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Political Satire: Definition & Examples

Instructor: Ivy Roberts

Ivy Roberts is an adjunct instructor in English, film/media studies and interdisciplinary studies.

This lesson explores varieties of political satire throughout American history. We will look at film and television, illustrations, and print media in their historical and political context. We will examine Colonial, Progressive-era, and contemporary examples.

Caricature and Allusion

Whether you're conservative or liberal, political commentary covers the spectrum of political views. The variety of news outlets broadcasting today cater to both sides of the aisle. While newspapers and the nightly news aim for journalistic integrity and objectivity, sometimes it's easier to swallow the reality of American politics when it's delivered with a little bit of humor.

These days political satire takes many forms: television programs like The Daily Show, cartoons like South Park and The Simpsons, films like Dr. Strangelove and Wag the Dog, and Internet channels like The Onion and Youtube's Autotune the News are notable examples in different mediums. Recent memorable examples include Jon Stewart's and Stephen Colbert's 2010 'Rally to Restore Sanity and/or Fear', Tina Fey's impression of Sarah Palin on Saturday Night Live (2008), and the 2015 Charlie Hebdo controversy in Paris, France.

These satires succeed when mixing the realities of political debate with a grain of humor. Whether in an illustration or television comedy show, political satirists enlighten our understanding of a debate by warping the reality ever so slightly. They can reveal the insanity underlying a political controversy and show us the banality of political discourse. In cases when they're not all that insightful, they're just plain funny.

Since Colonial times, political satire has played an important role in American popular culture. A form of comedic political commentary, it integrates two elements: caricature and allusion. Caricatures parody a public figure by warping their appearance. This can include animalistic qualities or other exaggerated features. The second important element of a political cartoon is allusion, or a reference to a real world situation or context. It's important that caricaturists hint at the meaning of their cartoon without making an overt connection. Political satire can be a tricky form because it aims at a fine line between journalism and humor.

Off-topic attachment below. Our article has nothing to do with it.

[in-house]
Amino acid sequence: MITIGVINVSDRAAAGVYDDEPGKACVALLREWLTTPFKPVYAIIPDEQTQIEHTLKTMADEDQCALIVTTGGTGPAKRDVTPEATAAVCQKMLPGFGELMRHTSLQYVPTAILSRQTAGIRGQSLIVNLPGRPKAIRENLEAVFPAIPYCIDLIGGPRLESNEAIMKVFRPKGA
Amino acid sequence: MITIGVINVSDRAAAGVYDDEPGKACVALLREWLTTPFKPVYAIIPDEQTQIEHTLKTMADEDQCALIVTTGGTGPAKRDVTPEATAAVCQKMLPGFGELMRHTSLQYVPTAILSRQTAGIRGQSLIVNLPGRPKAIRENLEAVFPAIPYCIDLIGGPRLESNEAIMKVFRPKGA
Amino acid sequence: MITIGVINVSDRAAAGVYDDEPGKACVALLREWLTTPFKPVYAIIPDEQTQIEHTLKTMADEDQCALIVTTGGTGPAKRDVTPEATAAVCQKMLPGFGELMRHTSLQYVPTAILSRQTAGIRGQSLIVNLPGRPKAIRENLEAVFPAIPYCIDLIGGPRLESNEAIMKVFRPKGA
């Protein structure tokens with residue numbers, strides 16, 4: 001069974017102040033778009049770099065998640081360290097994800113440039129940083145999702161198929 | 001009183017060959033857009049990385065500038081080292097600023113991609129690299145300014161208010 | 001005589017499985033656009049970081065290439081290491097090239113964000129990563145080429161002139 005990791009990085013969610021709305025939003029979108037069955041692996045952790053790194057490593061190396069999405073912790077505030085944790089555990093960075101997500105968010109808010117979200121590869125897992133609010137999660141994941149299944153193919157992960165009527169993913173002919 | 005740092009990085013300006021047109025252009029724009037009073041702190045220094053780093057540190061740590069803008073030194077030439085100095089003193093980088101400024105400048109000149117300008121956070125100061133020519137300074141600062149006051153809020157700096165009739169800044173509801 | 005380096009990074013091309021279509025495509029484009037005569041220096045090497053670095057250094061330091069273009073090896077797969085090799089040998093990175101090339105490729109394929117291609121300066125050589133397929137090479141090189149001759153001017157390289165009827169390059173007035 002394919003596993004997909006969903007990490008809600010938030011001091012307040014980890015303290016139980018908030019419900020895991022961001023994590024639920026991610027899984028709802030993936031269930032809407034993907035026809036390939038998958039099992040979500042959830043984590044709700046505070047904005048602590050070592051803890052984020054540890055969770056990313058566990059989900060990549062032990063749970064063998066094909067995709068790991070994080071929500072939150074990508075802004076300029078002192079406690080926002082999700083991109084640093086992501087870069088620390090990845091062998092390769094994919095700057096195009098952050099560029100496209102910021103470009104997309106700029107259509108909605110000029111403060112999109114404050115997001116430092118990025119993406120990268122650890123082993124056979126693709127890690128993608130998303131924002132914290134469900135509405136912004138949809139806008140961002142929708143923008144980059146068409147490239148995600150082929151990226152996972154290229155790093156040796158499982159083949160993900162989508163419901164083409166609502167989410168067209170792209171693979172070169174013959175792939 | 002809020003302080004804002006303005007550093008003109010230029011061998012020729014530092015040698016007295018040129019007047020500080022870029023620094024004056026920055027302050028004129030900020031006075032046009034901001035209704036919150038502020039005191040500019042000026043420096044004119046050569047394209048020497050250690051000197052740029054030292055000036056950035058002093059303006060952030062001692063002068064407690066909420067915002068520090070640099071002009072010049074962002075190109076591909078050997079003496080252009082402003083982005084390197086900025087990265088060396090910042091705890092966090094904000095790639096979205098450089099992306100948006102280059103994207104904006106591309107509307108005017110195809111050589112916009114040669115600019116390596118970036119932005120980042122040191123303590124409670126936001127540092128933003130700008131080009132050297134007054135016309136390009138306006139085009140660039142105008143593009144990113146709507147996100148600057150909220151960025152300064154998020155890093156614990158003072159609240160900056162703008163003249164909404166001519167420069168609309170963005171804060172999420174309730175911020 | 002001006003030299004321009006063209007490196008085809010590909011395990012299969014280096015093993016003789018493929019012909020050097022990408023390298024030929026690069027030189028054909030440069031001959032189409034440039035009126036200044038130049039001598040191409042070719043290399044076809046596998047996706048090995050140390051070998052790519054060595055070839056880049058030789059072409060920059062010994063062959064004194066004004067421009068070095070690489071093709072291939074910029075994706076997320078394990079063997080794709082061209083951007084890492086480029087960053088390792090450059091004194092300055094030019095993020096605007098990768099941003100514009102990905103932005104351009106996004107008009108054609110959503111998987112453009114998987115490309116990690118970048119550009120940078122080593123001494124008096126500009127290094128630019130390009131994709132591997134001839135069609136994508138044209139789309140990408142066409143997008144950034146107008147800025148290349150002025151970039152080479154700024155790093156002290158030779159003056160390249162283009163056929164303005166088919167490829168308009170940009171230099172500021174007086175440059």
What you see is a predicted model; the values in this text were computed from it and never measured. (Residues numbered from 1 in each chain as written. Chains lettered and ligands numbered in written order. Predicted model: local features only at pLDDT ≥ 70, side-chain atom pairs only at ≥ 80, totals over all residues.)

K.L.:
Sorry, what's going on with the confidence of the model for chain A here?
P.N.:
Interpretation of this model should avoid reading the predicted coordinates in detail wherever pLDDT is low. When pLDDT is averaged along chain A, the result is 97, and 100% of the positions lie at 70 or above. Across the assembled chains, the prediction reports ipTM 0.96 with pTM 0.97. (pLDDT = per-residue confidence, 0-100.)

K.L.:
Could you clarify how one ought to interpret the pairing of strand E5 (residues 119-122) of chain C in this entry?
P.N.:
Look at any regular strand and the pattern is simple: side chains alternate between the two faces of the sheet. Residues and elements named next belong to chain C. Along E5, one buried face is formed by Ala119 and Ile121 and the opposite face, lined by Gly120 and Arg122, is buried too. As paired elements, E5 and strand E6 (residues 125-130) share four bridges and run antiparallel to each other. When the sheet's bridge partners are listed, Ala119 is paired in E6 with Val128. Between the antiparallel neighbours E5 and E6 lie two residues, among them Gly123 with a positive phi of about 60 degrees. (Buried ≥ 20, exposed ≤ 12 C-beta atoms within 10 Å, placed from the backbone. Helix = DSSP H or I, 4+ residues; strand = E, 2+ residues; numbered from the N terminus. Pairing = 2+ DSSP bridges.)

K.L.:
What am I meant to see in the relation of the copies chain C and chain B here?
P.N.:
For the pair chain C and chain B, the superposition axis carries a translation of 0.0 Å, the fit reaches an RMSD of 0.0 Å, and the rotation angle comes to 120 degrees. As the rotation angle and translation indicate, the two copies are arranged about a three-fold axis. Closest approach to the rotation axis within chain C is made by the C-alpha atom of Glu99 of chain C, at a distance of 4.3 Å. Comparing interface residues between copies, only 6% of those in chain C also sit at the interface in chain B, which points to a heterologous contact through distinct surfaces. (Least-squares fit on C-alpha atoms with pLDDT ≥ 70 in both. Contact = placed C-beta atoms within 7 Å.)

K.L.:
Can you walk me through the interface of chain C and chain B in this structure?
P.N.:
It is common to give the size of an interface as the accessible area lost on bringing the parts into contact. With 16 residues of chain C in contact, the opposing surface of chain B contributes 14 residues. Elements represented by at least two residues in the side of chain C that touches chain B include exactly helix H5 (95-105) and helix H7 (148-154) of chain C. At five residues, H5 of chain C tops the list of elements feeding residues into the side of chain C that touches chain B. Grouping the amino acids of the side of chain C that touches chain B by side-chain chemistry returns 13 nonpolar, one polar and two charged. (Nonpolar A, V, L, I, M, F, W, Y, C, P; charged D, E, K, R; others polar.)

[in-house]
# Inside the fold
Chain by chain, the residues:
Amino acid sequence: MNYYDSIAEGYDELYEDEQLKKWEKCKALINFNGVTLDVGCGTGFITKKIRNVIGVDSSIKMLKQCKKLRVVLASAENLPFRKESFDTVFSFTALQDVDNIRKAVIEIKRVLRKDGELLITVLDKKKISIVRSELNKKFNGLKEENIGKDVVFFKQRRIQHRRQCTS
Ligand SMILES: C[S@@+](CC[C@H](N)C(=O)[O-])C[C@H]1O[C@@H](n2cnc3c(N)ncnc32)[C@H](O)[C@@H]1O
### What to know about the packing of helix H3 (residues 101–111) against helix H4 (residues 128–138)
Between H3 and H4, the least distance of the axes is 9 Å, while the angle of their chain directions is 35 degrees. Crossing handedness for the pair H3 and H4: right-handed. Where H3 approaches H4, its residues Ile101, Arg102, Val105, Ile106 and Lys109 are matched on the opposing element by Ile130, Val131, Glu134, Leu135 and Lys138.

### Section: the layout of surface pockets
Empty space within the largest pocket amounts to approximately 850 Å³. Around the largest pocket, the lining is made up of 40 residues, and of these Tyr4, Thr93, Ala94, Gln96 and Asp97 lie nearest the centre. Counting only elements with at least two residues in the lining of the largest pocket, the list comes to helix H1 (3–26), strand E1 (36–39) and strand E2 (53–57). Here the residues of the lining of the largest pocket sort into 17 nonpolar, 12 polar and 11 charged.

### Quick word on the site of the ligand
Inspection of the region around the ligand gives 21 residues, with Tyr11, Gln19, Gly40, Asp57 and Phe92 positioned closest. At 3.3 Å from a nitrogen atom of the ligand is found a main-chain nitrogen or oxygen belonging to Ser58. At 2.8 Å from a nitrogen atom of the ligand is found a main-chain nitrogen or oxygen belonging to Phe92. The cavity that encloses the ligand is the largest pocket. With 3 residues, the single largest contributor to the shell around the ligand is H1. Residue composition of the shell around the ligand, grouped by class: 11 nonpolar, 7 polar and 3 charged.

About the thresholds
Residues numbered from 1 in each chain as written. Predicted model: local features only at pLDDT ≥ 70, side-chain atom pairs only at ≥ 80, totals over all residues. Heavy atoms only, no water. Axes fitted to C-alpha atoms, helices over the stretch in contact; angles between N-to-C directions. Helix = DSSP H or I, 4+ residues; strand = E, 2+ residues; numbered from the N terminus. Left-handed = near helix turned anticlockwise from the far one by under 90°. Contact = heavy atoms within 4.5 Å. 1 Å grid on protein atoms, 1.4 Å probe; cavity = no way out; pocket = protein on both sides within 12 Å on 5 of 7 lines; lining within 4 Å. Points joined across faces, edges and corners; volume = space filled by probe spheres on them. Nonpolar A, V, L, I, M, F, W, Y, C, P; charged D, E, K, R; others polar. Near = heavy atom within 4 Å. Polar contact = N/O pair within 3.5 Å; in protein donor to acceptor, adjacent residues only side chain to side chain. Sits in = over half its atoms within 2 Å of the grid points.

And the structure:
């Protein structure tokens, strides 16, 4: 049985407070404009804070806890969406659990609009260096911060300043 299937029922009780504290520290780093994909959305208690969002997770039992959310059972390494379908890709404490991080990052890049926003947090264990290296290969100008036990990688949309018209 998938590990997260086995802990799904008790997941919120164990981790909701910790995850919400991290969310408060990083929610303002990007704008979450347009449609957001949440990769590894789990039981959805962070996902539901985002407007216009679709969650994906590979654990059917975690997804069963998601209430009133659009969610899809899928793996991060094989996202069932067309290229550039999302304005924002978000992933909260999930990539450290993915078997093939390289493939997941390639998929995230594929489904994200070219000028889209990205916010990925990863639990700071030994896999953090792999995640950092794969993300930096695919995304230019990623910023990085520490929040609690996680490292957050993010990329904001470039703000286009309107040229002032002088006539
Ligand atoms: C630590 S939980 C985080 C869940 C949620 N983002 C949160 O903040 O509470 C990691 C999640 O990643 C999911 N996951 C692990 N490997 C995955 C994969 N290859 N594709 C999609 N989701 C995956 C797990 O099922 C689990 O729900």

Let's look at some examples of American political satire to gain a better grasp of the form.

Join or Die

Benjamin Franklin (1706-1790) is widely recognized as America's first political satirist. One of America's Founding Fathers, he was also an author, newspaper publisher, inventor, scientist, and politician. He recognized that humor was a powerful vehicle to engage the public in political issues. As literacy was also a barrier, Franklin pioneered the use of political cartoons and caricatures as a way to reach the American public.

Benjamin Franklin, Join or Die, 1754
join or die

The cartoon that gained him infamy was printed in The Pennsylvania Gazette on May 9, 1754. It depicts the individual colonies as segments of a rattlesnake. The caption, 'Join, or Die' suggests the importance of American colonists banding together for a common cause. The rattlesnake later became an important symbol in the American Revolution.

Elephant and Donkey

In the late 19th century, advancements in printing made it possible for magazines and newspapers to reconfigure their layout to include more illustrations. The late 19th century saw a burgeoning of periodicals in the United States, some of which are still in circulation today: Harper's (1852), Putnam's (1853), Frank Leslie's (1855), Atlantic (1857), Scribner's (1870), and Century (1881) were created in this era. The illustrated magazine was a sensation. It garnered national audiences and made politics and storytelling accessible to the illiterate. They integrated news, short stories, and full page illustrations.

During this period, political cartoons experienced their first heyday. Harper's cartoonist Thomas Nast (1840-1902) is recognized as America's most prolific political satirist from this period. Most notably, he introduced the symbols for the Republican and Democratic political parties that are still used today: the elephant and the donkey.

Thomas Nast, The Third-Term Panic, Harpers Magazine, 1874
Nast Satire

Nast's 1874 illustration The Third-Term Panic depicted the political controversy around Ulysses S. Grant's potential run for a third term as president. While there were no laws against it at the time, it was controversial because of the precedent set by the two-term presidency of George Washington.

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